BEREA — General manager John Dorsey believes Clay Matthews Jr. deserves to be in the Pro Football Hall of Fame.
So it was an easy decision for the Browns to select Matthews for the Ring of Honor, the first member who hasn’t been enshrined in Canton.
“To me it was a no-brainer,” Dorsey said in the news release Wednesday announcing the honor. “That guy symbolizes everything it means to be a Cleveland Brown. Respect and honor for the game of professional football. His passion for the game. I can’t wait to meet him. It will be special for him.”
Matthews, a three-time All-Pro linebacker, played 16 seasons of his 19-year career with the Browns after being drafted No. 12 in 1978. He will enter the Ring of Honor during halftime of the Sunday night game against the Rams on Sept. 22. Clay Matthews III plays linebacker for the Rams.
“I was honored,” Matthews Jr. said of receiving the phone call from Dorsey. “I mean, the Browns have a pretty good legacy of players in that group. We lived through that generation of players mostly in the ’60s who were so successful, and to be included in that group is just an honor.”
The Ring of Honor was unveiled in 2010 with the names and numbers of the franchise’s 16 Hall of Famers circling the inside of FirstEnergy Stadium. The years of the team’s eight championships were added in 2012, and Joe Thomas’ snap streak of 10,363 was included last year.
“The coolest thing was when we called him up and let him know what we were doing in regards to his day, I got a little nervous because it was Clay Matthews Jr. and he was one of those guys I personally looked up to and thought was an exceptional football player in his era,” said Dorsey, who played linebacker for the Packers in the 1980s. “I’ve always been taught if you dominate the league during a decade you should definitely be going into the Canton Pro Football Hall of Fame.”
Matthews has been a semifinalist for the Hall of Fame three times, including last year. His daughter Jennifer is waging a campaign to get him inducted.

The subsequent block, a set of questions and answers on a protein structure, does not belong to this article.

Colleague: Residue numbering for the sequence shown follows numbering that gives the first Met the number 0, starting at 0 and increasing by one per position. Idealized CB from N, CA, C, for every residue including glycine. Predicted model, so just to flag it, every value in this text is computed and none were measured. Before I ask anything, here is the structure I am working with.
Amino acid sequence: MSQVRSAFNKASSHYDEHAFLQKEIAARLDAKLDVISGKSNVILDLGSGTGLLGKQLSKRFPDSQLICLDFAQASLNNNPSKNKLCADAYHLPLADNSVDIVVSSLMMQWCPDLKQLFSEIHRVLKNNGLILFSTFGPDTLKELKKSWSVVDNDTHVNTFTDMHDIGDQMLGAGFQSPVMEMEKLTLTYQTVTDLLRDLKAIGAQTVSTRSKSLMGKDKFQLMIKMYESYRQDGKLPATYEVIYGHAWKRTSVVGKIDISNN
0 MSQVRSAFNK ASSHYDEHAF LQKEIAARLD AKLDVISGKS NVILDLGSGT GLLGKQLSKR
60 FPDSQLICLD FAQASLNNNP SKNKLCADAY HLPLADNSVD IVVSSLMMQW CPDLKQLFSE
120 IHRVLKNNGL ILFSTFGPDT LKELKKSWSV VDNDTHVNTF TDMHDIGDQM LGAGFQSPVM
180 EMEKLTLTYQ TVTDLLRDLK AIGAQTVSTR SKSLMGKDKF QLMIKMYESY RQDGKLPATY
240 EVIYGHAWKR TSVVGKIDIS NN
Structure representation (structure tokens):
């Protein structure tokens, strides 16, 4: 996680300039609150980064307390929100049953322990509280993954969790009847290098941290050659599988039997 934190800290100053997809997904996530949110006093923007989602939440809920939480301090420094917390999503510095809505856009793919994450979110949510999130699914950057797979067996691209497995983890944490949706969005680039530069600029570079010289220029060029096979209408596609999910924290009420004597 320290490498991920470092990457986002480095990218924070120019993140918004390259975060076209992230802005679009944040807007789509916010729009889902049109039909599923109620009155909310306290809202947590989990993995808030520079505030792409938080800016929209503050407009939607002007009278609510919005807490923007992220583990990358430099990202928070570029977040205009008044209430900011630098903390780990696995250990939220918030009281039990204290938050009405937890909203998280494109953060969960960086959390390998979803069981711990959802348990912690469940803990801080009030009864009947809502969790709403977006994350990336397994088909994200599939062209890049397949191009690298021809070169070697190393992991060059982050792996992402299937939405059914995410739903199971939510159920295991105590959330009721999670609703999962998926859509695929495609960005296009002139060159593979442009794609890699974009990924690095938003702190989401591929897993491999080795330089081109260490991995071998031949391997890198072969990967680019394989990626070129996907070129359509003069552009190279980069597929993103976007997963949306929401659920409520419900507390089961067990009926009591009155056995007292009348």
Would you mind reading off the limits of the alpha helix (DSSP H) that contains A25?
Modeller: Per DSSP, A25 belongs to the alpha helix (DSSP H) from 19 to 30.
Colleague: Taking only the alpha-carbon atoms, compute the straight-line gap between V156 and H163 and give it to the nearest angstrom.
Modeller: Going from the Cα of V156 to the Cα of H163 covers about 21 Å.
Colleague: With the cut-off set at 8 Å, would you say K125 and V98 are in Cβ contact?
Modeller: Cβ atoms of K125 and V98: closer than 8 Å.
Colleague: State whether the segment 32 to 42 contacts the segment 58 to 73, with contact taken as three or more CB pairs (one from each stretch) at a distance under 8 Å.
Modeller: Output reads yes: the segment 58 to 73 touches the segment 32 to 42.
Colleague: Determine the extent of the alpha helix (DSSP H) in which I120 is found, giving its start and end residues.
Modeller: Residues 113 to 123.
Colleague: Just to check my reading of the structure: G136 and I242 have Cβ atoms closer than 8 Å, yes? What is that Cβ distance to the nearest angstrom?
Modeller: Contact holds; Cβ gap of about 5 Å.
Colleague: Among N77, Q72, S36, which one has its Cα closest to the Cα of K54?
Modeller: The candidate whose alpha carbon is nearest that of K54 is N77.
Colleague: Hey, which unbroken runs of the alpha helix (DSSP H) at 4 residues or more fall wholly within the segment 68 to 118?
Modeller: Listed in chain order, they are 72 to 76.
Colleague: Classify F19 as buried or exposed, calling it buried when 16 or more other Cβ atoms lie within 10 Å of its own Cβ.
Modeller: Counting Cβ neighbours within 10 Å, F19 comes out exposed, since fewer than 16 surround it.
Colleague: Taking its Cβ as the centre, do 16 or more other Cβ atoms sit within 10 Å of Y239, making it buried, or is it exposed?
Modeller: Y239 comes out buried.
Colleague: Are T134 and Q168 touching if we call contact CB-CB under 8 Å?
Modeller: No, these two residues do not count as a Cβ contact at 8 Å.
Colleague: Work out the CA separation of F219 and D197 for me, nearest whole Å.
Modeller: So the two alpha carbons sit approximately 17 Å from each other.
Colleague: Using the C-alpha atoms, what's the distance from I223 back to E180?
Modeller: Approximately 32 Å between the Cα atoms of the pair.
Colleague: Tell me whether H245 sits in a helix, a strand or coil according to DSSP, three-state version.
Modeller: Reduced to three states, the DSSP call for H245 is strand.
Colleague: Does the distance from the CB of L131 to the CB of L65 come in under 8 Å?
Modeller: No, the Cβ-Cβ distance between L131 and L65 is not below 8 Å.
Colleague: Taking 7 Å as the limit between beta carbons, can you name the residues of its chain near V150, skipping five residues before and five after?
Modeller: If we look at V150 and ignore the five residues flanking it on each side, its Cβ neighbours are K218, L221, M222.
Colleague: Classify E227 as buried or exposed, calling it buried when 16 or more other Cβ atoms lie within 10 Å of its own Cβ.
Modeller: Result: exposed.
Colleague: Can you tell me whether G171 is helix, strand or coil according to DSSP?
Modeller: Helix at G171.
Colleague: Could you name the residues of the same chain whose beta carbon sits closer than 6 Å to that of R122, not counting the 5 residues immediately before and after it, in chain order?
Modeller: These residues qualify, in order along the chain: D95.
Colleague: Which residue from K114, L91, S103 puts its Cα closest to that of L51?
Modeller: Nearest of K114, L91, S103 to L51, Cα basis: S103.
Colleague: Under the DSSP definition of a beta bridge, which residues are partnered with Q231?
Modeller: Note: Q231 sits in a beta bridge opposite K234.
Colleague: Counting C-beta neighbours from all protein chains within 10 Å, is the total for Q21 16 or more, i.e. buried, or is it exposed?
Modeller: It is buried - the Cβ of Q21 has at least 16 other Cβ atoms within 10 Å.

“AMAZING!!!” she tweeted. “And it’s against my brother Clay and the Rams?! The whole family is going back to Cleveland!”
Matthews played in 278 games — 21st in NFL history — and amassed 1,595 tackles. During 16 seasons with the Browns from 1978-93, he had 76.5 sacks, 1,430 tackles, 14 interceptions, 24 forced fumbles and 13 recoveries.
WORK TO DO
Antonio Callaway had a strong offseason and was expected to be the No. 3 wideout but has spent camp almost exclusively with the second and third teams. Rashard Higgins has been the receiver with Odell Beckham Jr. and Jarvis Landry in three-wideout sets.
“He needs to keep getting better,” coach Freddie Kitchens said of Callaway. “He needs to keep deciphering the coverages and his reads accordingly, and he needs to be consistent catching the ball and running routes, and he will get to where he is wanting to go.”
Kitchens said everyone knows who the starting receivers are, but after that playing time is up for grabs.
“We do not have one depth chart in our room anywhere,” Kitchens said. “I just want to see what they can do.”
Callaway caught a deep touchdown pass Wednesday from backup Drew Stanton, and quarterback Baker Mayfield wants to see more of that.
“What we ask of everybody is consistency,” he said. “We don’t want to be a roller-coaster team. Callaway’s progressing very nicely.”
ONE GOOD, ONE BAD
Rookie cornerback Greedy Williams made the difficult tackle, stopping Nick Chubb on a run off left tackle. Williams missed the easy one, failing to touch Higgins as he lay on the ground after a catch.
The latter drew a rebuke from Kitchens, and Mayfield got on the official for calling the play dead.
“These guys have been playing football their whole life and they never had to touch somebody once he is on the ground,” Kitchens said, referring to the rules in high school and college. “There is a lot of learning going on right now, which it should be because we are doing a lot of teaching.”
Williams practiced with the starters Wednesday, lining up opposite Denzel Ward. He’s competing with veterans TJ Carrie and Terrance Mitchell for the second starting spot.
“Greedy is competing. He is coming along good,” Kitchens said. “We are continuing to roll those guys and rotate them in, and we will see who comes out at the end.”
Cavaliers forward Larry Nance Jr. and rookies Darius Garland, Dylan Windler and Dean Wade watched practice from the sideline. Browns owner Jimmy Haslam visited with them.
“It was good having them out,” Kitchens said. “We are Cleveland fans.”
Tight end Seth DeValve (concussion) and defensive ends Genard Avery (ankle) and Chad Thomas (illness) didn’t practice and weren’t on the field.
Defensive end Olivier Vernon (hamstring) joined the injured players working on the side.
** Starting defensive tackle Larry Ogunjobi watched the end of practice. Kitchens said he felt “something” and was held out for preventative reasons.
** The special teams worked on covering onside kicks.
** NFL Network broadcasted from practice.